https://ethereumworldnews.com/curbing-the-menace-of-ico-fraud-in-the-cryptocurrency-industry/

Airdrops Explained

After their explosion in popularity and press in 2017,

most people know at least a little bit about cryptocurrencies and blockchain. However, there are many terms and phrases within the industry that many might not understand to the fullest extent. One of these terms is “airdrop”, which is one of the hottest things in the crypto industry. If you don’t quite understand what an airdrop is or why they’re important, don’t worry. This article will take an in-depth look at airdrops and explain all you need to know to understand them.

What is an Airdrop?

Before getting into the details of airdrops and why they take place, we need to first introduce you to the concept and idea. In the simplest form, an airdrop is free coins for certain individuals. They are essentially the process when a cryptocurrency enterprise distributes tokens to a user’s wallet, completely free of charge. Airdrops are commonly done by start-ups, but established companies or platforms can do them as well. The coins that are airdropped often are fairly low in value (at least initially), or are just used within the ecosystem of a platform, but definitely have the potential to grow. Plus, who is going to say no to free coins?

A recent example of an airdrop is the CLO (Calisto) airdrop for ETC (Ethereum Classic) owners. The airdrop took place at the 5,500,000th block of the ETC blockchain, which occurred about a month ago on March 5th 2018. This airdrop meant that each holder of ETC at the time the 5,500,000th block was processed, received an equal amount of CLO, for free. So if you had 15 ETC at the snapshot of the 5,500,000th block, you will automatically receive 15 CLO into your wallet, without any cost to you. In addition to this, some companies will airdrop their own tokens, while others will airdrop the token to holders of a more popular coin or token, to generate more buzz and get some eyes on their platform.

Types of Airdrops

In general, there are a few different kinds of airdrops and how they can come about. They can arise from forks, ICO purchases, or just random freebies from a company. Arguably the most well-known example of an airdrop is when Bitcoin Cash (BTC), the hard fork of Bitcoin, gave current Bitcoin holders the equal amount of Bitcoin Cash. So if you had one Bitcoin, you got one Bitcoin Cash for free. Currently, each BTC is trading at over $700 (but has reached much higher in the past), which is a pretty good deal to have gotten for free.

When it comes to finding out about different types of airdrops, a company will either announce it beforehand to generate buzz, or they will simply airdrop the coins as a surprise without any warning. If you are curious about upcoming airdrops and how to become involved, a good resource to follow is AirdropAlert. This website gives you times an information for past, previous and future airdrops and is a great and handy tool for keeping track of them. Of course, as we mentioned, sometimes airdrops will be done without warning, so not every airdrop that occurs will appear on the site.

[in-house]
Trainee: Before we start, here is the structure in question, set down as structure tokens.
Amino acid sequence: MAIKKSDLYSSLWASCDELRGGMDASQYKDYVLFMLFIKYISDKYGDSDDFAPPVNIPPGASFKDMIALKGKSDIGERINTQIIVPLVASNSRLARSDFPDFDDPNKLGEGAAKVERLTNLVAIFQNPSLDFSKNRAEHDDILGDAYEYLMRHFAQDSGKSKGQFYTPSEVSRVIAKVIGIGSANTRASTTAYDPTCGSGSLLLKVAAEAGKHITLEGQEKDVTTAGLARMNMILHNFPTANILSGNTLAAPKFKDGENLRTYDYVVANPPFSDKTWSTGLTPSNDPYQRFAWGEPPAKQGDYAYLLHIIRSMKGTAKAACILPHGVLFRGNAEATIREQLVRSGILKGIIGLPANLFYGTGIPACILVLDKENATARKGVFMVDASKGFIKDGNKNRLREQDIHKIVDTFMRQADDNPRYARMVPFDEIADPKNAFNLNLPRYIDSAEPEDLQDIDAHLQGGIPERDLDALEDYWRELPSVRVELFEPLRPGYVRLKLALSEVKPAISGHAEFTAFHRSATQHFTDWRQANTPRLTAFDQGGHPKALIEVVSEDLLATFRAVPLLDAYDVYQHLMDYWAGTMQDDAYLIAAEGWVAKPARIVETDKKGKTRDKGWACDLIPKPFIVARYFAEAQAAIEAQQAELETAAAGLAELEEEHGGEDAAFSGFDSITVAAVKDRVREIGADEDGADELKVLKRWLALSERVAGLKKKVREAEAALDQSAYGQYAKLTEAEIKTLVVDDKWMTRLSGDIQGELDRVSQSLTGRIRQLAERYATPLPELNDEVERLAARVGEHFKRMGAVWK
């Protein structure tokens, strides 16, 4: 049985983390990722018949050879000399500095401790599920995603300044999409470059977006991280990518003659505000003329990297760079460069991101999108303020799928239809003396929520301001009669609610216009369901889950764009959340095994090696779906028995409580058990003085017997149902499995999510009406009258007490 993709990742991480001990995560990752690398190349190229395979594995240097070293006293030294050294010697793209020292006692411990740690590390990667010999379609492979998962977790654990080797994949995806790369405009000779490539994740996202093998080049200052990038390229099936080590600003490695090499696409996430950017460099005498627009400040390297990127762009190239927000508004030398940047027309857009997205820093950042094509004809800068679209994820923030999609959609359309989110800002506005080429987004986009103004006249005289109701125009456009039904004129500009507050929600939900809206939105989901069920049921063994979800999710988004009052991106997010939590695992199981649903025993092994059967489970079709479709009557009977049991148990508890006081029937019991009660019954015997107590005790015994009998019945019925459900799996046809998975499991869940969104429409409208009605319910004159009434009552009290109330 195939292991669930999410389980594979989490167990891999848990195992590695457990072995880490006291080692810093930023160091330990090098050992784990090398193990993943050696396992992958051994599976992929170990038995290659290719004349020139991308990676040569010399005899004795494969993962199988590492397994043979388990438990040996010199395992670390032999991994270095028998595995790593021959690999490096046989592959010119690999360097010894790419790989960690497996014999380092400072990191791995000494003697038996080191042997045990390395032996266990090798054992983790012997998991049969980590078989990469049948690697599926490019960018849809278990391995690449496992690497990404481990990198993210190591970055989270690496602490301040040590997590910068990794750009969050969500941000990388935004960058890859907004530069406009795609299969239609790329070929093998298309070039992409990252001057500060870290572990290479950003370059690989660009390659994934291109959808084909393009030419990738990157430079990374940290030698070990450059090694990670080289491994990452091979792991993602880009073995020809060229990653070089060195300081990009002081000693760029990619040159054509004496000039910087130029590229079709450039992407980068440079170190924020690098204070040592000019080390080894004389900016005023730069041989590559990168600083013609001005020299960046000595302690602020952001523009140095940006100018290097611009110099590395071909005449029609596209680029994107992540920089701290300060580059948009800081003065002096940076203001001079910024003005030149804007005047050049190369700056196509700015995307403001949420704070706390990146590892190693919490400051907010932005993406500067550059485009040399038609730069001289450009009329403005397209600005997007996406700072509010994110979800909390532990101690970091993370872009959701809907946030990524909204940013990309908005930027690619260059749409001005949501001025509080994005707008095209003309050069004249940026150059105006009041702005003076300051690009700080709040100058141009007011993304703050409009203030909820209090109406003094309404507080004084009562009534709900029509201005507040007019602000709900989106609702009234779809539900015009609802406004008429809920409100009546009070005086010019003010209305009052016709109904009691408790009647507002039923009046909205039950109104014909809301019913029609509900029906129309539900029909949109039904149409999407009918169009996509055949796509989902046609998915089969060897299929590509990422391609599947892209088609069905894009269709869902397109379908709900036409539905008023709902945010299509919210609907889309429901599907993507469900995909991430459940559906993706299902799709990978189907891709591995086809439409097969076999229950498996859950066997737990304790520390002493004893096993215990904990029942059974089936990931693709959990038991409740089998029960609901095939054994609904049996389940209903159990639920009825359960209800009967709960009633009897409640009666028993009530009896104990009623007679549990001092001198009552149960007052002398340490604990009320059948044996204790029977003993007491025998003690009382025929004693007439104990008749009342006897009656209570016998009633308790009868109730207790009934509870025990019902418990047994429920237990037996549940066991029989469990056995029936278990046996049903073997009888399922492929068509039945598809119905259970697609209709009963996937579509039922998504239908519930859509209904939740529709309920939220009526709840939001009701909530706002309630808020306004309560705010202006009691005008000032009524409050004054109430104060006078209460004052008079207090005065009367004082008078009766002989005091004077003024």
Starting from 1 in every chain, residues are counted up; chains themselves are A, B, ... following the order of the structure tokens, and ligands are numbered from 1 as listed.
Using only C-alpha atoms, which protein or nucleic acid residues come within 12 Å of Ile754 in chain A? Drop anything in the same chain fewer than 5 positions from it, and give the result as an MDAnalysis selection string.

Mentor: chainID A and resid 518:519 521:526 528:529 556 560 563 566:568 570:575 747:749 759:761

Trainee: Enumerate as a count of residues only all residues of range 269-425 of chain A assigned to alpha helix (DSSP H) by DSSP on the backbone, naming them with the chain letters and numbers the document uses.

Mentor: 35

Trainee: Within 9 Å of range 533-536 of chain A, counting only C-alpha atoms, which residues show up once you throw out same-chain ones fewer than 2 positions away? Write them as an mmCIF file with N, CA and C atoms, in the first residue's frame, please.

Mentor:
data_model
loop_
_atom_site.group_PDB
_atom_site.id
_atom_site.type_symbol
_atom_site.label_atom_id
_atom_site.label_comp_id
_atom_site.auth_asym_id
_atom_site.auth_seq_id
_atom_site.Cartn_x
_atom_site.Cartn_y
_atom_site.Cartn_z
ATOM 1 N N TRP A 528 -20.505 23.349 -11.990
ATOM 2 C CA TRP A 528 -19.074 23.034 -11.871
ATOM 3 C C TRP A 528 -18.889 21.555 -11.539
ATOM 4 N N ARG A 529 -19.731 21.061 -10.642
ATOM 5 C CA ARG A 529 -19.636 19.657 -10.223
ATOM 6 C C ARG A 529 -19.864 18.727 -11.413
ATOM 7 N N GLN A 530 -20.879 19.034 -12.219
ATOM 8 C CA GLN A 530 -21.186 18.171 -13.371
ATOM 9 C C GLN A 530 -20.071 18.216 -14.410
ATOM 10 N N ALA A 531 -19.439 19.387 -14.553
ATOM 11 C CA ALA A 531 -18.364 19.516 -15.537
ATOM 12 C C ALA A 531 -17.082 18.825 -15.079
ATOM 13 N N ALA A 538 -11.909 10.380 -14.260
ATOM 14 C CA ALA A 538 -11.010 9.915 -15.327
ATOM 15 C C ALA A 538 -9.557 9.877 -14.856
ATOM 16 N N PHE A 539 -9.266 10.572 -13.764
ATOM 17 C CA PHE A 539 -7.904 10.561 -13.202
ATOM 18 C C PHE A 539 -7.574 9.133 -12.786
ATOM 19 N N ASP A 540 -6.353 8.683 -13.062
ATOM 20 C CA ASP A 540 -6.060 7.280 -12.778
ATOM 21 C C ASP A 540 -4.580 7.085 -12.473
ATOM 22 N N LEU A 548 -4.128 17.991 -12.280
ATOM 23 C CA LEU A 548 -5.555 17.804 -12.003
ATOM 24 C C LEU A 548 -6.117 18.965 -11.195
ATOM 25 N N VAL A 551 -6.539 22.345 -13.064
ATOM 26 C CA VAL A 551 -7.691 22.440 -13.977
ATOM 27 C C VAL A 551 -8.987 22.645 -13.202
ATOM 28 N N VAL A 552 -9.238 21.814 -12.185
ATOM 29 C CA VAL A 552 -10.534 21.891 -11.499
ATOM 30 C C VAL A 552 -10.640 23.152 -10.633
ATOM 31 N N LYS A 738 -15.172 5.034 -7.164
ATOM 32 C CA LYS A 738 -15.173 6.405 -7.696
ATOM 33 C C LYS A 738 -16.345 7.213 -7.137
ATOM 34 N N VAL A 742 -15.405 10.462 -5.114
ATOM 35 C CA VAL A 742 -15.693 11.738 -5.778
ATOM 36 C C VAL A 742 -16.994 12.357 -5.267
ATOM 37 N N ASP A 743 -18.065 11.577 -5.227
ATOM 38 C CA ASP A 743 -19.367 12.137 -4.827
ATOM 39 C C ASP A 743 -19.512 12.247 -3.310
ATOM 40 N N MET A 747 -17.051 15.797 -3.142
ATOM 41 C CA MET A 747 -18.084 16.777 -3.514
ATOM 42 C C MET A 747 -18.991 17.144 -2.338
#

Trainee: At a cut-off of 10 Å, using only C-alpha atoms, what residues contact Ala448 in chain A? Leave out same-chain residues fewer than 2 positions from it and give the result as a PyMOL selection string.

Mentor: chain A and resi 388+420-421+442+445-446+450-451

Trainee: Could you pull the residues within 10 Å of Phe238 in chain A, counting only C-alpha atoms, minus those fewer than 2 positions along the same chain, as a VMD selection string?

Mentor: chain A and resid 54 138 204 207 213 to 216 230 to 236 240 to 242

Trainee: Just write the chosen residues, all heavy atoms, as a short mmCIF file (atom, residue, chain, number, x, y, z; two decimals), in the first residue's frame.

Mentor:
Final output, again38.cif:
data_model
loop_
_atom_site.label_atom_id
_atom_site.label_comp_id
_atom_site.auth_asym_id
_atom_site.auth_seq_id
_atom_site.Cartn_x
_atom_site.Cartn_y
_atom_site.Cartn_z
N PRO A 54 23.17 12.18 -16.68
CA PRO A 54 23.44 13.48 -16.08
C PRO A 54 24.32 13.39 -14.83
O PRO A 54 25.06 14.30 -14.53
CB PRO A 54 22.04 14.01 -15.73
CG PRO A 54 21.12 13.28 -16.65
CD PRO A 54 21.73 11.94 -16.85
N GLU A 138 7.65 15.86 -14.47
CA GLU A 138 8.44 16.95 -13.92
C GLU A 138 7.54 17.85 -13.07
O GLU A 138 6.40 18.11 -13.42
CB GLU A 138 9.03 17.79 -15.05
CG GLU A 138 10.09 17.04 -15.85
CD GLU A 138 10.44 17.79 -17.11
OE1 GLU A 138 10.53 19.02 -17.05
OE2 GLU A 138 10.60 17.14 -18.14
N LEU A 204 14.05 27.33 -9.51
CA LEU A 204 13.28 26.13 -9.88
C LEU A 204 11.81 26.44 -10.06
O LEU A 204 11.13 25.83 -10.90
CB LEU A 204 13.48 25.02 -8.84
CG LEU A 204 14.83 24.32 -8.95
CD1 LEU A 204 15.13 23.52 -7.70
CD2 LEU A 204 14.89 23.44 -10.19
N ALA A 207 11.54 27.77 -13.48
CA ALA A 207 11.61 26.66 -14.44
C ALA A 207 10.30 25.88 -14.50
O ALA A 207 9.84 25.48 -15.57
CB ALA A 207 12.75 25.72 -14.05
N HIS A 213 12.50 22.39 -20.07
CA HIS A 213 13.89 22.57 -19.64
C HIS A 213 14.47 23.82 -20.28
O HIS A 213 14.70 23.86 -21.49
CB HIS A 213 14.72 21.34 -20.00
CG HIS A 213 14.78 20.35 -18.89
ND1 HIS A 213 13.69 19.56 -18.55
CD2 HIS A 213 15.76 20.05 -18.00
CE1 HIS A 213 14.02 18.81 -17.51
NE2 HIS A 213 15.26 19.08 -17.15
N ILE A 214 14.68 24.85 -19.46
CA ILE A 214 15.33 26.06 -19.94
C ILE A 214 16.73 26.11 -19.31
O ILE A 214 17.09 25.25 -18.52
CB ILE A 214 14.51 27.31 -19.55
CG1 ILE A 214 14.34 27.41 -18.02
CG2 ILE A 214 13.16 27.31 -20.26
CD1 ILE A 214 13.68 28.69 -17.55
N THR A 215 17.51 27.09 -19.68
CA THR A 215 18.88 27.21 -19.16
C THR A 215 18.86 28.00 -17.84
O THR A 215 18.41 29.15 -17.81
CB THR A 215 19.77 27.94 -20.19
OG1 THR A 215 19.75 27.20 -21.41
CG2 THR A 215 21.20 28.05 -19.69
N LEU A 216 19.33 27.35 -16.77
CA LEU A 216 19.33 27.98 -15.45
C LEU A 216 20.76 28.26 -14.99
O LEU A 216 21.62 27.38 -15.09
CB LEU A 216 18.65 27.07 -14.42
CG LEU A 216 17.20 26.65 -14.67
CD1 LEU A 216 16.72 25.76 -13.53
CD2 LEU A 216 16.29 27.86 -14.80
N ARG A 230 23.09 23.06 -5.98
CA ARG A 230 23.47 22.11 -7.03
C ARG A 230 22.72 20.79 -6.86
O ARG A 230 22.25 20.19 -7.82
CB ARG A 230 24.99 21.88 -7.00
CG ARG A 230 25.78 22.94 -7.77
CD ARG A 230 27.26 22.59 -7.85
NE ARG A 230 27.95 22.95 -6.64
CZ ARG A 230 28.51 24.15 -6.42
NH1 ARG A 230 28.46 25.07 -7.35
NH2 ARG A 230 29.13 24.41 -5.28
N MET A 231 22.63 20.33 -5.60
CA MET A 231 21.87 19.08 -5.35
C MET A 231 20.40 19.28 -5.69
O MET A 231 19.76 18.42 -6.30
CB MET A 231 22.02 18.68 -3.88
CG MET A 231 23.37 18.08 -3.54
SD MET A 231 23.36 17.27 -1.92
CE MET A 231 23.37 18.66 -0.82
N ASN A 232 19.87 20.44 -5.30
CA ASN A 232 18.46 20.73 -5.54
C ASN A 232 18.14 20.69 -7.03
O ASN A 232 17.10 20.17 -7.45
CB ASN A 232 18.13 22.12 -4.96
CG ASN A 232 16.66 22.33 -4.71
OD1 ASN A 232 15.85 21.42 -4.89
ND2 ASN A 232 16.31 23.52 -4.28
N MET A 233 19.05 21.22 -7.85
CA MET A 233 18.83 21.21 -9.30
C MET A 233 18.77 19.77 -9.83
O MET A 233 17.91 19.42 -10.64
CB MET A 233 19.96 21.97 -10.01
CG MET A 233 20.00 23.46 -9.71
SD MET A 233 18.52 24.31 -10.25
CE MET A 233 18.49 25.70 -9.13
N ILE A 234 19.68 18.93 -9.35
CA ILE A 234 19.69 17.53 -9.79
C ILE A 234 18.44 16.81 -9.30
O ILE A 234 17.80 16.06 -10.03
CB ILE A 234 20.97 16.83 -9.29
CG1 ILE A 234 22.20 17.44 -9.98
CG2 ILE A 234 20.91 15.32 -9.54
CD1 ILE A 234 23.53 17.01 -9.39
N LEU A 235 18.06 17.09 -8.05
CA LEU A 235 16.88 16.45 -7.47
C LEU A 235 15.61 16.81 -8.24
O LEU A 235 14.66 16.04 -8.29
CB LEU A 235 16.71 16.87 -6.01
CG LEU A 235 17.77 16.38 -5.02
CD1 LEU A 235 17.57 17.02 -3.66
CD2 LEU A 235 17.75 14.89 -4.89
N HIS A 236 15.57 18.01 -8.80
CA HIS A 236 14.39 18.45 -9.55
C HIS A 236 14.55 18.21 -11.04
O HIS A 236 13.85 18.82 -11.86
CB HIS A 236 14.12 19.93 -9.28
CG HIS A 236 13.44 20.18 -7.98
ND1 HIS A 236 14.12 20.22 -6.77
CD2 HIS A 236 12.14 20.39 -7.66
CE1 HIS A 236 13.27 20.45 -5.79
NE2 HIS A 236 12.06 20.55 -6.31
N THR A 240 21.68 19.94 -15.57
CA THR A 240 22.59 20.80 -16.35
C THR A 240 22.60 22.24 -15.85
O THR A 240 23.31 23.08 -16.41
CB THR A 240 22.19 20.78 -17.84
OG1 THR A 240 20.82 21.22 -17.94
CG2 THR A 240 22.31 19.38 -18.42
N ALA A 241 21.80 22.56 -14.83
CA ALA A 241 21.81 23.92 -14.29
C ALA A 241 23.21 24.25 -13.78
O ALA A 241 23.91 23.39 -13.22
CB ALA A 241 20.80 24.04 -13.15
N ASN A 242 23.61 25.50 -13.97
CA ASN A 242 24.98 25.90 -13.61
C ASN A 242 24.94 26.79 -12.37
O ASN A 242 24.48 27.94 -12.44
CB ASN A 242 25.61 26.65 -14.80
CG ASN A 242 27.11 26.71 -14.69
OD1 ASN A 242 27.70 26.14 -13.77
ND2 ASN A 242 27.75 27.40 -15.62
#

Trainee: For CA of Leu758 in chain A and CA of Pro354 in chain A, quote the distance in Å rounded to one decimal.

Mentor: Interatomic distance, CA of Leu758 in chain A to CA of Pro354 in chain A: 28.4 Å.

Why Would Companies do an Airdrop?

You might be wondering why a company would simply give away tokens for free. Well, the decision is made for a number of different reasons. The first one related to marketing. An airdrop can be a way for a company or platform to spread awareness to interested investors and enthusiasts, without having to spend a lot of money on marketing.  There are so many cryptocurrencies in the space, so getting noticed and more awareness is always a positive.

And what better way to get people talking or interested in your platform than offering them something for free? It is a pretty sweet deal for investors as you don’t really have to do anything normally, other than hold a certain type of coin, to reap the rewards and benefits. It is a win-win for the cryptocurrency themselves (as airdrops often lead to a rise in coin prices and an increase in exposure) and for consumers (free coins are always a good thing).

Another reason for an airdrop is to reward loyal customers. Companies who have a large and active community, or who have been doing pretty well, might decide to reward their customers, users and token holders. This will not only excite the users, but also might lead them to continue using the platform and participating in the ecosystem. One last common reason for airdrops is for lead generation. Generating leads and gathering useful information is very important for marketing. In exchange for airdropping free coins, a company or platform might ask users to complete online forms that contain valuable information for targeted marketing purposes.